Star Trek Fan Film Sets Stage for Groundbreaking Legal Showdown

February 2, 2017
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Copyright infringement has always been a difficult legal battle when it involves fan fiction. How do the courts determine “fair use” of intellectual property?

A new lawsuit brought on by CBS and Paramount Pictures against a Star Trek fan film may provide an answer—albeit, not one that fan-film creators want to hear.

Set to move ahead in proceedings

In December, 2015, the entertainment giants filed a copyright infringement lawsuit against the producer of “Axanar,” according to the Daily Dot. The creators reportedly drew their inspiration from a small, lesser-known backstory of an earlier episode in the series, and crowdfunded the money for production.

Whether it wasn’t meant to make a profit didn’t matter to the studios, which clung to the premise that the movie incorporated, “innumerable copyrighted elements of Star Trek, including its settings, characters, species, and themes,” Deadline reported.

The defendant, Alec Peters, had initially created a 21-minute trailer, and sought to produce a full-length feature film, according to Deadline. This was where the plaintiffs drew the line. Peters argued the case be dismissed due to the fact the film had yet to even be completed in its entirety, but U.S. District Court Judge R. Gary Klausner ruled the case will proceed to a jury trial. He pointed to the fact the film depends on a number of concepts that were copyrighted.

What this means moving forward

While nothing has been set in stone, this case does carry some implications for creators of fan-fiction films. The very fact that Federal Judge Klausner pushed the copyright infringement lawsuit to trial before it was even shot bodes poorly for productions in the same capacity moving forward.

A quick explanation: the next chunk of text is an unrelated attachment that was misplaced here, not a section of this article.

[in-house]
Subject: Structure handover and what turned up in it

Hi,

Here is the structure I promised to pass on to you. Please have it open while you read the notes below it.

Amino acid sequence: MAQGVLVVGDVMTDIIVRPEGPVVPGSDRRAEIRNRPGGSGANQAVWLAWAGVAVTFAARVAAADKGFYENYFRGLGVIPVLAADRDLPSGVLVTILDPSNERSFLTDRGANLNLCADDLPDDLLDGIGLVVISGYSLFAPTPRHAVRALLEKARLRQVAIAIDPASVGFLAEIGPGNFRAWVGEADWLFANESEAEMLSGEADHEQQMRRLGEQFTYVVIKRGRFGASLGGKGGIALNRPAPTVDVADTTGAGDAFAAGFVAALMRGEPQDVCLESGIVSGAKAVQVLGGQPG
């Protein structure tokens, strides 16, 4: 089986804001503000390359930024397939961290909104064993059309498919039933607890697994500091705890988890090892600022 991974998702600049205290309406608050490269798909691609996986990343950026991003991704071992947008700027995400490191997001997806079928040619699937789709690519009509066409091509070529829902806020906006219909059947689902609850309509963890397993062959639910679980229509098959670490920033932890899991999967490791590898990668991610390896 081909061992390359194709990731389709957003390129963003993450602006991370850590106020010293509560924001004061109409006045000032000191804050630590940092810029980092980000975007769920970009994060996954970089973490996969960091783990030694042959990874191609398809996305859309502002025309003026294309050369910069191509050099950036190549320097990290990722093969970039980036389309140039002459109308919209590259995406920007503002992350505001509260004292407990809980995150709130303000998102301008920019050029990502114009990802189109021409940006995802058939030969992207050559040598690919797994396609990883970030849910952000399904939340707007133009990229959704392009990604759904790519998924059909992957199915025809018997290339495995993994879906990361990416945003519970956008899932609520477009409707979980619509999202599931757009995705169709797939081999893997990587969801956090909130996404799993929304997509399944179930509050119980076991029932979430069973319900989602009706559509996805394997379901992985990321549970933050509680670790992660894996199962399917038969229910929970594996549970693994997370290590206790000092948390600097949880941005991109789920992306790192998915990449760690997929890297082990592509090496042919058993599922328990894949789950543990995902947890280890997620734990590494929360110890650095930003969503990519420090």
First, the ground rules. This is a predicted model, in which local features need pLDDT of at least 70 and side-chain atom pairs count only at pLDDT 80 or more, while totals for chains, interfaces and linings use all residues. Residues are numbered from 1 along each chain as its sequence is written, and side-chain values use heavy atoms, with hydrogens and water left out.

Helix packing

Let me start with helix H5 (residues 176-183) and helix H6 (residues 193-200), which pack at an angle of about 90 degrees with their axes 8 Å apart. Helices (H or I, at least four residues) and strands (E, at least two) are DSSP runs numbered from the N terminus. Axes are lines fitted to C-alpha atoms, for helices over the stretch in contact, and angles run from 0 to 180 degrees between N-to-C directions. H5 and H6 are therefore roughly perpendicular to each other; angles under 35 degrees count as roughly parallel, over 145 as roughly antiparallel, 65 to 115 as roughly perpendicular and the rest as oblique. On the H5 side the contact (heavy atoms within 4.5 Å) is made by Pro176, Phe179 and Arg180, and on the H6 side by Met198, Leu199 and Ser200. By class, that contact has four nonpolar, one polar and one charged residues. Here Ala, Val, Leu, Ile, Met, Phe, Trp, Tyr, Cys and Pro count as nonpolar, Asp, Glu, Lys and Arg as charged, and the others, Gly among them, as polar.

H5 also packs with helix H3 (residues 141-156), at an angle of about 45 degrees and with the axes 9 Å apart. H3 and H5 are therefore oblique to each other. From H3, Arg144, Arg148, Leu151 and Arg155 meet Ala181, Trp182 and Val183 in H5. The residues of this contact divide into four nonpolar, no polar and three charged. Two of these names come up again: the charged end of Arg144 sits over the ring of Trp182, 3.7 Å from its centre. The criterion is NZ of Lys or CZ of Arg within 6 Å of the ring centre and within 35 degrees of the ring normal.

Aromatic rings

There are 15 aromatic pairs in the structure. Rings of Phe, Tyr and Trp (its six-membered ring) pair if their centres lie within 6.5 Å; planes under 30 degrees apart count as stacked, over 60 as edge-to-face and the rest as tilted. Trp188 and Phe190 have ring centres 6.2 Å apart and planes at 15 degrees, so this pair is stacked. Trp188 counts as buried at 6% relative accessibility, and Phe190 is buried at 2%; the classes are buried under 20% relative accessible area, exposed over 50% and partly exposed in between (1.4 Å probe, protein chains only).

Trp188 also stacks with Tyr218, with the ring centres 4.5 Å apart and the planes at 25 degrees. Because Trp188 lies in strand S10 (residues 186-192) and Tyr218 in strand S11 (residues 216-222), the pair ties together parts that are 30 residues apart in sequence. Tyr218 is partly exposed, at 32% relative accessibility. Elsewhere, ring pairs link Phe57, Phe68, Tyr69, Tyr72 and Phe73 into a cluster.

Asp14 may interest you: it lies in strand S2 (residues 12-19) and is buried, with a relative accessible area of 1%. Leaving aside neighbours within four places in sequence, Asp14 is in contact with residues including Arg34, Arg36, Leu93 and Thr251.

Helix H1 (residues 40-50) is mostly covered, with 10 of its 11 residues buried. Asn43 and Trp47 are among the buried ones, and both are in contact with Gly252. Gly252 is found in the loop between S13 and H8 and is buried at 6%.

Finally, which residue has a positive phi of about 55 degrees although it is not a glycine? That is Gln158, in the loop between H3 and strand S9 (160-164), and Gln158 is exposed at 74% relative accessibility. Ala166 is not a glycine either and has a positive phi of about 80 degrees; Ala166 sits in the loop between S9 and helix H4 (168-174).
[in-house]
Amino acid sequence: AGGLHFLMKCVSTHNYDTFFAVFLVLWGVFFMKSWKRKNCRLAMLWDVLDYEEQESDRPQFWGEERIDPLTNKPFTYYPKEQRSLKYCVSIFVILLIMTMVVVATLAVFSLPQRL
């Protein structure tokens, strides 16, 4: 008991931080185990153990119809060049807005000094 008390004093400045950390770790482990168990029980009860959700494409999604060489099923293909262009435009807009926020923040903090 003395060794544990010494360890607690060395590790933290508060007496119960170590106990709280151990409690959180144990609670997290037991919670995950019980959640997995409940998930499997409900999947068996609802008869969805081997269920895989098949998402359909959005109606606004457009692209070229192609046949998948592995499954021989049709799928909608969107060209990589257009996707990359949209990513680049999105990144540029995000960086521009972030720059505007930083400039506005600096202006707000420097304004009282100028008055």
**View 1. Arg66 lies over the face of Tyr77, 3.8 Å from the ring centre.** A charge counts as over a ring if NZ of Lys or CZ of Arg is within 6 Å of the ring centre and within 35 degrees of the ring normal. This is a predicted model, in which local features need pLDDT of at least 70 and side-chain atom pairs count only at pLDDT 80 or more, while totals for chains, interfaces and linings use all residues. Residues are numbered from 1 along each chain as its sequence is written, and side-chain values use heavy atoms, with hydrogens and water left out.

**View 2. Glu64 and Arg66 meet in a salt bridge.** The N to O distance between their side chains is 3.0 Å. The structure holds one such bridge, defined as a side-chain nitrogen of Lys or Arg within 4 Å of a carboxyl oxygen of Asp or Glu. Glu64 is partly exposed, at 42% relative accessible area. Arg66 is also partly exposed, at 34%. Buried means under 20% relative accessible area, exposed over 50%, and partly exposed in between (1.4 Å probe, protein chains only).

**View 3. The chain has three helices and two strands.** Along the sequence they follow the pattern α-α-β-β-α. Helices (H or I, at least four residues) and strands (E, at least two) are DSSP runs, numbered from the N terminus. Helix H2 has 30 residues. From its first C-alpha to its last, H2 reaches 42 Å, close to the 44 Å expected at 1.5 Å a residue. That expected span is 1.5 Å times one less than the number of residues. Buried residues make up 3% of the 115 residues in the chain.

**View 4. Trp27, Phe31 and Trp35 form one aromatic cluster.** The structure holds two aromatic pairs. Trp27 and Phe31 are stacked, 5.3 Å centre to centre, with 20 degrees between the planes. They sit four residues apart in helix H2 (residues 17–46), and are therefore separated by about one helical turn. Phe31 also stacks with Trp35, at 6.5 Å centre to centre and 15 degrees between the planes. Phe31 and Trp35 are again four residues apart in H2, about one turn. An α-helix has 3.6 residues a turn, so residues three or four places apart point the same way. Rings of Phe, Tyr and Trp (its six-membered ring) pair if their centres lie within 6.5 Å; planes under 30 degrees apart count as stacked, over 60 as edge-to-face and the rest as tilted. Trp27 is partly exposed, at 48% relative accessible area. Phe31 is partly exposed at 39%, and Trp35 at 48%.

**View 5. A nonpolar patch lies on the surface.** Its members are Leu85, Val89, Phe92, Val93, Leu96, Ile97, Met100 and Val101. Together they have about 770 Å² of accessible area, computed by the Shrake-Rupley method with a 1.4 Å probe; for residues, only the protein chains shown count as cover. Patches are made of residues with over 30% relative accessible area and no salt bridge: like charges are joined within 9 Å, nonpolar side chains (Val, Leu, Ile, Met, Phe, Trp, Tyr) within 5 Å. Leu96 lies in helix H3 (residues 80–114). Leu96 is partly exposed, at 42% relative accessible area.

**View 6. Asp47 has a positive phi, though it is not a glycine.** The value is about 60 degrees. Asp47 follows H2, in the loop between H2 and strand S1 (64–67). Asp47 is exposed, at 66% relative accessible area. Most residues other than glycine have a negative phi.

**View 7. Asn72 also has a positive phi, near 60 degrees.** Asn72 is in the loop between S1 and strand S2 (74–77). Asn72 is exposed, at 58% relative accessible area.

There are varying interpretations of “fair use,” which make it such a difficult law to enforce. Artists who remix famous songs, for example, are often let alone and not brought to trial. But, the public has also seen cases like Robin Thicke and Pharrell, who had to pay a combined $7.3 million to Marvin Gaye’s family after a jury ruled against the defendants in the copyright infringement case, according to Rolling Stone magazine.

The legalese surrounding this law makes it difficult for many artists to judge where they stand in terms of the court’s decision. This makes highly skilled attorneys practicing in the entertainment industry incredibly valuable for defendants, as they can draw on years of decisions in an effort to clear their clients’ names.

CBS and Paramount initially asked for a complete hold on production in their lawsuit, but Deadline reported this wasn’t granted by the Judge Klausner, which could mean Peters has a sliver of hope, even though the case is going to trial.

Only time will tell what the courts decide, but the “Axanar” case will likely be seen as an example of what type of entertainment content will be brought to trial moving forward. It will also be interesting to learn about the methods Peters’ attorneys use to get his name cleared, and whether they work.